Stereotactic body radiation therapy with CyberKnife for prostate cancer has long treatment times compared with conventional radiotherapy. This arises the need for designing treatment plans with short execution times.

Data from 11 prostate cancer patients were used. For each patient, 20 plans were created based on all combinations between one small (? 10-25 mm) and one large (? 35-60 mm) Iris collimator size. The objective function was assigned to each combination as a penalty, such that plans with low penalties were considered superior.

This function considered the achievement of dosimetric planning goals, tumor control probability, normal tissue complication probability, relative seriality parameter, and treatment time. Two methods were used to determine the optimal combination.

First, we constructed heat maps representing the mean penalty values and standard deviations of the plans created for each collimator combination. The combination giving a plan with the smallest mean penalty and the standard deviation was considered optimal.

Second, we created two groups of superior plans: group A plans were selected by histogram analysis and group B plans were selected by choosing the plan with the lowest penalty from each patient.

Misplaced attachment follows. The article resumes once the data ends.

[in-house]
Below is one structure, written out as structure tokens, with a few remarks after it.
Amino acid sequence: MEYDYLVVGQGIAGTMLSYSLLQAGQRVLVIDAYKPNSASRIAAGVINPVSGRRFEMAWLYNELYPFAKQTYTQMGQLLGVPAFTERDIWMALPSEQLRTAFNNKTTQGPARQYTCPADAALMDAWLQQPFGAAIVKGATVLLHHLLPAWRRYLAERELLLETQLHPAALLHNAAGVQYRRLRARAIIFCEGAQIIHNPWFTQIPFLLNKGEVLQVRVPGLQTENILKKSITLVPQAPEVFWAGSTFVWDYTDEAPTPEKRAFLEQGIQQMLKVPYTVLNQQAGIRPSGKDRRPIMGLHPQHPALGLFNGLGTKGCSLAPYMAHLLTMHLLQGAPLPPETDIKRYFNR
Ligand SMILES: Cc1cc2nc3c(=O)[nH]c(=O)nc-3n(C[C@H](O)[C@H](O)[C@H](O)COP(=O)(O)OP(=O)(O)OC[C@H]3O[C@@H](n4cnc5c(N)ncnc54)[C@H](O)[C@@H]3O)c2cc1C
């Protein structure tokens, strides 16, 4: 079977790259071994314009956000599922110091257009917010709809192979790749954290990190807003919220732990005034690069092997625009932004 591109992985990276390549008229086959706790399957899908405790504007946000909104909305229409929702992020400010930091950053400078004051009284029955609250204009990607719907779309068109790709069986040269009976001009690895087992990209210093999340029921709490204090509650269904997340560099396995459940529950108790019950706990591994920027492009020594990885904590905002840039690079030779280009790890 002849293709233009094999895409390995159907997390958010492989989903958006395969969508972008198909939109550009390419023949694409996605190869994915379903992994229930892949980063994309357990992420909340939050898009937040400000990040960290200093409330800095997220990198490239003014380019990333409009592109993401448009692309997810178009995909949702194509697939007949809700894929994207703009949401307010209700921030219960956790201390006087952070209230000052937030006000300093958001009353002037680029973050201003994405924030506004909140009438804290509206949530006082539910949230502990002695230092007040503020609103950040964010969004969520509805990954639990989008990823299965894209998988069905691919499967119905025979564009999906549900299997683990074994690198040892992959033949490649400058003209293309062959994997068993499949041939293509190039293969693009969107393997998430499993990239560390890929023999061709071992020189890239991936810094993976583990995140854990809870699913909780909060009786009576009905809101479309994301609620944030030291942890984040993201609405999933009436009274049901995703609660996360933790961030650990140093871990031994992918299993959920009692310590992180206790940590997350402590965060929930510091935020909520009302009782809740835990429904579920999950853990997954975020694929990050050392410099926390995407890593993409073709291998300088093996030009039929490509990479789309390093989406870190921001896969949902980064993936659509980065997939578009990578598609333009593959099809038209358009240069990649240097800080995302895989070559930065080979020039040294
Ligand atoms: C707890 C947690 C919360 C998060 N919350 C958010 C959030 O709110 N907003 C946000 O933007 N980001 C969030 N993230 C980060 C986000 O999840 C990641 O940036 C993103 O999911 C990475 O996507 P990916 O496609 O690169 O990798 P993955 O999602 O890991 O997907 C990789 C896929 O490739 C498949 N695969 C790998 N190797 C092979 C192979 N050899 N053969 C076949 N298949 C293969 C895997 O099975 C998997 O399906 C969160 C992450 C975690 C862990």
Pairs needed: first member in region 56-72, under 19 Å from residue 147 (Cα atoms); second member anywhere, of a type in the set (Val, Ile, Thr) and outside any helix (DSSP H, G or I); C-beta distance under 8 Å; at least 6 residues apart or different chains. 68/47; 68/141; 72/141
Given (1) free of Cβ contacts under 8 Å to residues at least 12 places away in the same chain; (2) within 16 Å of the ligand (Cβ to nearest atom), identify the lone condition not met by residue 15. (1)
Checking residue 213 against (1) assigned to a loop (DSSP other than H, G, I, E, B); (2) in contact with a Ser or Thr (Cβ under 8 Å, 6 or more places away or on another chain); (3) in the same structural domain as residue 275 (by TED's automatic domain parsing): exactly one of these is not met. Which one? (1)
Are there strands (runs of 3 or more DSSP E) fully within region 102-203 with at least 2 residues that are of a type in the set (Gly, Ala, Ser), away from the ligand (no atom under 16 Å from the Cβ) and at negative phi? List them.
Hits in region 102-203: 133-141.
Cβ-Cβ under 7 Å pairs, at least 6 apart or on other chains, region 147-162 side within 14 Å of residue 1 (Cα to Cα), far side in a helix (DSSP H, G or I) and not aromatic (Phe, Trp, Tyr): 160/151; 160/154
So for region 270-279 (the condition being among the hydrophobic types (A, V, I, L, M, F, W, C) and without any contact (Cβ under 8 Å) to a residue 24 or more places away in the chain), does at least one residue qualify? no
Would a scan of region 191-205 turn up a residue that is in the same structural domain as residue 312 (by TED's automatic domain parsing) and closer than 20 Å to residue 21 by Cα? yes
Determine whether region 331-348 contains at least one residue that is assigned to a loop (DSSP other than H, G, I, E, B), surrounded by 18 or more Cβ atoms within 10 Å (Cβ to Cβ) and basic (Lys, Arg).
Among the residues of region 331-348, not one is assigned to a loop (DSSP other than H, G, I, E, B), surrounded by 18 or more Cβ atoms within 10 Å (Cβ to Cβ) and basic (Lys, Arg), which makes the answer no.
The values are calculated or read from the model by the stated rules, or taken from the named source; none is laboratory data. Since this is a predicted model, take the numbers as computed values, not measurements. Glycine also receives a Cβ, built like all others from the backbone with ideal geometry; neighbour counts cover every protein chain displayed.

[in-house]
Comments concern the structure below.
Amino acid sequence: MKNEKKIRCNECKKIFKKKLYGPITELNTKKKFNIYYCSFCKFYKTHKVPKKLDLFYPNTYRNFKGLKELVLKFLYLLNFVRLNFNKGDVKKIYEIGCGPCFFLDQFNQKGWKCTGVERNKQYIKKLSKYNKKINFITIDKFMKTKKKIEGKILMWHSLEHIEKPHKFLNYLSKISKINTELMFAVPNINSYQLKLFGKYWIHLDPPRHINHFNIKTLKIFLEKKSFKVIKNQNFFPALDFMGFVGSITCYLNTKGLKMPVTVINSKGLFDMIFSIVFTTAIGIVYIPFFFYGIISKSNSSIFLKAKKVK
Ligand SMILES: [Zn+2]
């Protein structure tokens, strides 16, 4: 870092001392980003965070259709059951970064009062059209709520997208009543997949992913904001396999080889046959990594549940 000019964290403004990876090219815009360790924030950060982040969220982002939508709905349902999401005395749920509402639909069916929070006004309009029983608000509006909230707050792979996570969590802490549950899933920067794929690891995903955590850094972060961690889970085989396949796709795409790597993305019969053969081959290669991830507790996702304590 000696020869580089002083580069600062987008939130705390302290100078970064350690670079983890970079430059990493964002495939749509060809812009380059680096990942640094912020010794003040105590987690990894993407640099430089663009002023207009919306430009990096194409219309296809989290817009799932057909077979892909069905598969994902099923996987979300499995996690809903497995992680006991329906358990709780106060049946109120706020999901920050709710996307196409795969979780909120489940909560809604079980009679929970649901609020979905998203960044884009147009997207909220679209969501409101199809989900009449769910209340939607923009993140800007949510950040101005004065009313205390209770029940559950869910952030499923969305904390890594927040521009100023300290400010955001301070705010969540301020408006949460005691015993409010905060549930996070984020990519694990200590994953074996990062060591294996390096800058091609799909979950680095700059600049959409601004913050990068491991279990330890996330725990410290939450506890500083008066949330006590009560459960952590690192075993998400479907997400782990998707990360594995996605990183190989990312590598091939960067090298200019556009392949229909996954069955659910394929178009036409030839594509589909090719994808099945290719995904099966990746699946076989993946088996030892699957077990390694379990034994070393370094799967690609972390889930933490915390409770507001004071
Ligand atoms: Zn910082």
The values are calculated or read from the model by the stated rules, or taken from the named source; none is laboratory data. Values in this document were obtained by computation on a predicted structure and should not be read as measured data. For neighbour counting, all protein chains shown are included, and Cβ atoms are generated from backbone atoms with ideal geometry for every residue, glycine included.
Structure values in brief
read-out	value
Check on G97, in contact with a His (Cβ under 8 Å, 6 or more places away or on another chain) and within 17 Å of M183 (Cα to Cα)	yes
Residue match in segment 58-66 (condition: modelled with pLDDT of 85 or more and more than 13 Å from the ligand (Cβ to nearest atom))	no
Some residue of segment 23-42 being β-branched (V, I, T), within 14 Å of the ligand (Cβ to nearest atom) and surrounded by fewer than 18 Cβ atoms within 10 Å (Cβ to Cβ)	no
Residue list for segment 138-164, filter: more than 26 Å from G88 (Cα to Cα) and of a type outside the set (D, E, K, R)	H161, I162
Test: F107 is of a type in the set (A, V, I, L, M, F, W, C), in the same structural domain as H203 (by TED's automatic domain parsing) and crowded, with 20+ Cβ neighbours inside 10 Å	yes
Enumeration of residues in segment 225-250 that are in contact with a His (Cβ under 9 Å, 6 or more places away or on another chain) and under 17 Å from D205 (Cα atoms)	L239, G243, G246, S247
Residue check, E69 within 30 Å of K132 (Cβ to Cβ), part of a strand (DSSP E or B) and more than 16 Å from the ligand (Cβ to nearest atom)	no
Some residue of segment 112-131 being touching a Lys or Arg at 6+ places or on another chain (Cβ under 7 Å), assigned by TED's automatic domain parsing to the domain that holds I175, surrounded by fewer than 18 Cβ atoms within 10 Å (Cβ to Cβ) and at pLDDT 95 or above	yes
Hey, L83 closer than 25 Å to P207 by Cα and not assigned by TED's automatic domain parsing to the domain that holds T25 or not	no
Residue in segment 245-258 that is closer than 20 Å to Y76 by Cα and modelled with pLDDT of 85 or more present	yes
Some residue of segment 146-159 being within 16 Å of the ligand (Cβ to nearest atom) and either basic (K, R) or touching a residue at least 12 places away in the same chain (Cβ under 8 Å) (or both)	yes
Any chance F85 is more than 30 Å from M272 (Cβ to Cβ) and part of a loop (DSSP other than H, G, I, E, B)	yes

In both groups, the most used small and large collimators were assumed to represent the optimal combination. The optimal combinations obtained from the heat maps included the 25 mm as a small collimator, giving small/large collimator sizes of 25/35, 25/40, 25/50, and 25/60 mm.

Combination of prostate cancer treatment

The superior-group analysis indicated that 25/50 mm was the optimal combination. The optimal Iris combination for prostate cancer treatment using CyberKnife was determined to be a collimator size between 25 mm (small) and 50 mm (large).

The results indicate that the optimal Iris collimator combination would be a 25 mm small and a 50 mm large collimator when aiming to produce plans with the shortest treatment times that retain clinically acceptable dose distributions.

However, care is needed because our results also indicate that specific cases may benefit from different combinations. The 25/40 mm combination, for example, may be a potential alternative for cases with small prostate volumes.

This research has the potential to be of great clinical importance. To date, medical physicists have been creating treatment plans with different collimator combinations before deciding which plan to use for treatment. Using the optimal combinations determined in this research would reduce planning times while ensuring acceptable dose distributions and short treatment times.

Additional work is needed to establish the optimal collimator combination when using more than two Iris collimator sizes so that we can improve dose uniformity to the target and further decrease the treatment time and irradiation to the OARs.